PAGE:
The same Grandma who taught me to knit also taught me to crochet. And I can not express enough how grateful I am for this skill. If you can neither knit nor crochet and would like to learn I would recommend starting with crochet. It is just so easy. No stitches to drop or long needles holding hundreds of stitches. Just one hook, one loop and a handful of basic stitches and you are away.
I rekindled my crochet skills about 15 years ago when I lived in Wanaka for the winters and made ‘beanies’ to fit snugly under my snowboarding helmet. Crocheting was a great way to endure the long cold nights in front of the fire. These days I have honed my skills to make baby booties and hats. And with a whisper of winter in the air I wanted to make my son Teo (16 months) a pair of snugly slippers he can wear around the house. Not all of our floors are insulated (yet) and the poor wee guy is the closest to the ground. At least I can keep his feet warm.
As Teo is still a little wobbly on his feet I wanted the soles to have some sticking ability. I knew wool soles would be too slippery on our rimu floors. We had several pairs of baby slippers with sheepskin soles so set out to replicate these. I headed to our local sheepskin shop (we do live in the land of the sheep down here), and right there next to the counter was a box of 2nd’s sheepskin innersoles (adult size) at $4 a pair. Perfect. Once home I made a game out of drawing around our feet so I could get the imprint of Teo’s foot. I then made a cutout of his foot, making it a uniform shape (no left and right, just one shape for both feet) and adding a 5mm (1/4 inch) buffer to account for the holes. I traced this onto to the sheepskin (getting two little soles out of one adult inner sole) and cut it out. And as the fur was quite long I trimmed this back a little to remove some of the bulk.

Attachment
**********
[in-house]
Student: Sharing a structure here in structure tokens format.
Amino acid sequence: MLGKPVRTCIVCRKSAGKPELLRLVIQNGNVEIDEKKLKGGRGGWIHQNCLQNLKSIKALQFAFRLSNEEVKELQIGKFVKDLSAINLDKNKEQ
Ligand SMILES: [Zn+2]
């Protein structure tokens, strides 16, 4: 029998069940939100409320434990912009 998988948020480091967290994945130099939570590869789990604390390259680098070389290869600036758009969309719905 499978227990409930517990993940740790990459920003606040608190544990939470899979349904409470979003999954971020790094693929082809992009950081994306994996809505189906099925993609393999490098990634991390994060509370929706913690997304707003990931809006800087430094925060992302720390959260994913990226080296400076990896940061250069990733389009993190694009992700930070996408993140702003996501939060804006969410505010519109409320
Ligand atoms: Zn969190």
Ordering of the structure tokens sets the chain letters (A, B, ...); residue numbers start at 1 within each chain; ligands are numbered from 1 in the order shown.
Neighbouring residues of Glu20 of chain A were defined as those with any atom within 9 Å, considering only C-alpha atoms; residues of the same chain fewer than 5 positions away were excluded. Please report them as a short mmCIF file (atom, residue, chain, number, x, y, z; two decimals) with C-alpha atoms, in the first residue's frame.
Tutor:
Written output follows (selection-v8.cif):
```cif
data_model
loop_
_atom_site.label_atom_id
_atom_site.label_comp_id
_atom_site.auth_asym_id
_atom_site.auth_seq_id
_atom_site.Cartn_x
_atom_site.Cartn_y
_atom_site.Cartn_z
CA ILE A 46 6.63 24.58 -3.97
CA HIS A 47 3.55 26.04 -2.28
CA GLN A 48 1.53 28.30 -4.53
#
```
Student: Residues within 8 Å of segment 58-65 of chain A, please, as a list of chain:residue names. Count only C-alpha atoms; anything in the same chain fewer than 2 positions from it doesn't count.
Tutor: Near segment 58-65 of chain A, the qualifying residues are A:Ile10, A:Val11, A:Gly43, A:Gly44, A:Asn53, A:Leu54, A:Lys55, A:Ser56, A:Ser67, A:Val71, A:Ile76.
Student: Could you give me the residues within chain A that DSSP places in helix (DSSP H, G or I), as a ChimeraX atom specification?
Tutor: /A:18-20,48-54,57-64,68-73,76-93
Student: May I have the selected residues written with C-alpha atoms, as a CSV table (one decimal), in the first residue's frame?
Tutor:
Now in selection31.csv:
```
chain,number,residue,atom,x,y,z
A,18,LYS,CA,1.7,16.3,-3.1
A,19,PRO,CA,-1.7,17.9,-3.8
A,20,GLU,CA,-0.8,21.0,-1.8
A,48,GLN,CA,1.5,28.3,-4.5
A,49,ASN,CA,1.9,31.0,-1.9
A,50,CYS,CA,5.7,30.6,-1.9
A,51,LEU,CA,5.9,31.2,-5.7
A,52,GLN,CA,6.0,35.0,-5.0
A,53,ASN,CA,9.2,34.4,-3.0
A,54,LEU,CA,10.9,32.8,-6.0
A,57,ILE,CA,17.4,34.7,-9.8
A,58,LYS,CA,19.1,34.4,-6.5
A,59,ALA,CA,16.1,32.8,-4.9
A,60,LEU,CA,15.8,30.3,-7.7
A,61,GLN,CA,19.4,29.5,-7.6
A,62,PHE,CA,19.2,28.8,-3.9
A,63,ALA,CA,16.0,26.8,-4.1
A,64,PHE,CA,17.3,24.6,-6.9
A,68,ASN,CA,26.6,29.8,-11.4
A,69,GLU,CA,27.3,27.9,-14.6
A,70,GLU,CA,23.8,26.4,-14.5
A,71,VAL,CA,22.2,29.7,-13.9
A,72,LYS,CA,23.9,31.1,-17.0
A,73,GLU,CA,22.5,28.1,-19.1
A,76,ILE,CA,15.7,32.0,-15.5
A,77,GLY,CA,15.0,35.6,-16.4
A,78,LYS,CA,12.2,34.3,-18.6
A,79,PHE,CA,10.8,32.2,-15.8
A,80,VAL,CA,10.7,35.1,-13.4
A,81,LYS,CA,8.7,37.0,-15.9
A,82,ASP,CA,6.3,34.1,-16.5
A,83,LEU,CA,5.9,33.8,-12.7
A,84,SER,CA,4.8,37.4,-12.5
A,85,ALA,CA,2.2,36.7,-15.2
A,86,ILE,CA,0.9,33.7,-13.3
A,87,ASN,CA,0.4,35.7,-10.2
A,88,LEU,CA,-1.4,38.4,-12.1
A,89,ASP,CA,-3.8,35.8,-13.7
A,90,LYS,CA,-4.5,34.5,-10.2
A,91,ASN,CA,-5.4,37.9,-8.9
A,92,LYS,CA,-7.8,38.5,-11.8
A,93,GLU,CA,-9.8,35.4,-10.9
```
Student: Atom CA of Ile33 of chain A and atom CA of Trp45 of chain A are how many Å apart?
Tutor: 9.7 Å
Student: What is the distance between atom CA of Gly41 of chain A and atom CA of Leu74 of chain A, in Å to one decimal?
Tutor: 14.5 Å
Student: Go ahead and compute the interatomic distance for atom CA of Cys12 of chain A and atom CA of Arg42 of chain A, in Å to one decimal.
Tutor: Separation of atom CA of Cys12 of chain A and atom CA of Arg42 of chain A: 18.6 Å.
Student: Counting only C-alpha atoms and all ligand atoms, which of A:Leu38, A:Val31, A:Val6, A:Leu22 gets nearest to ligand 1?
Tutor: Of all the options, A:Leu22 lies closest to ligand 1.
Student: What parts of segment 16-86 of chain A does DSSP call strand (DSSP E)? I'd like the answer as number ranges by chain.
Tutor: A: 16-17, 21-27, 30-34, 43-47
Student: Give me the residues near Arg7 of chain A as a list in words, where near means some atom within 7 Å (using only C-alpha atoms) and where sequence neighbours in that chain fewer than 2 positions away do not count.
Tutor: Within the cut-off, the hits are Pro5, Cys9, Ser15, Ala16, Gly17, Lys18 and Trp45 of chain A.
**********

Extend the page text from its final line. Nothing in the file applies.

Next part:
The next conundrum was how to make the holes in the suede soles. The lady at the sheepskin shop told me I would need a leather punch that would cost a minimum $50.00. Not convinced this was my only option I headed to Spotlight to look for a hand punch (pictured above). I was told at the store it wouldn’t be strong enough (the packet stated it was for making confetti) and I tossed up whether to spend $11.00 on potentially something that wouldn’t work. But sheepskin suede is quite soft so I threw caution to the wind and took the chance. As I prepared to make my first hole I braced myself for failure… it worked, popping through the suede with no effort at all. So I got popping, spacing the holes approx. 5mm apart and 3mm from the edge (38 holes in total in each sole). I wasn’t too strict about this, just making sure they were evenly spaced.
Then I started crocheting. Now I have to be honest here, I did struggle with the pattern. At first I tried making them with my rather limited knowledge and every time I got as far as shaping the top of the foot I got stumped. After
several many attempts I was starting to wonder if I would make the boots in time for winter (there was lots of eye rolling from my other half). Enter the power of Goggle and I came across these rain boots that looked similar to what I was trying to achieve but with a separate crocheted sole. Bingo, I would skip the sole and crochet straight onto the sheepskin soles.
Crochet Slipper Boots with a Sheepskin Sole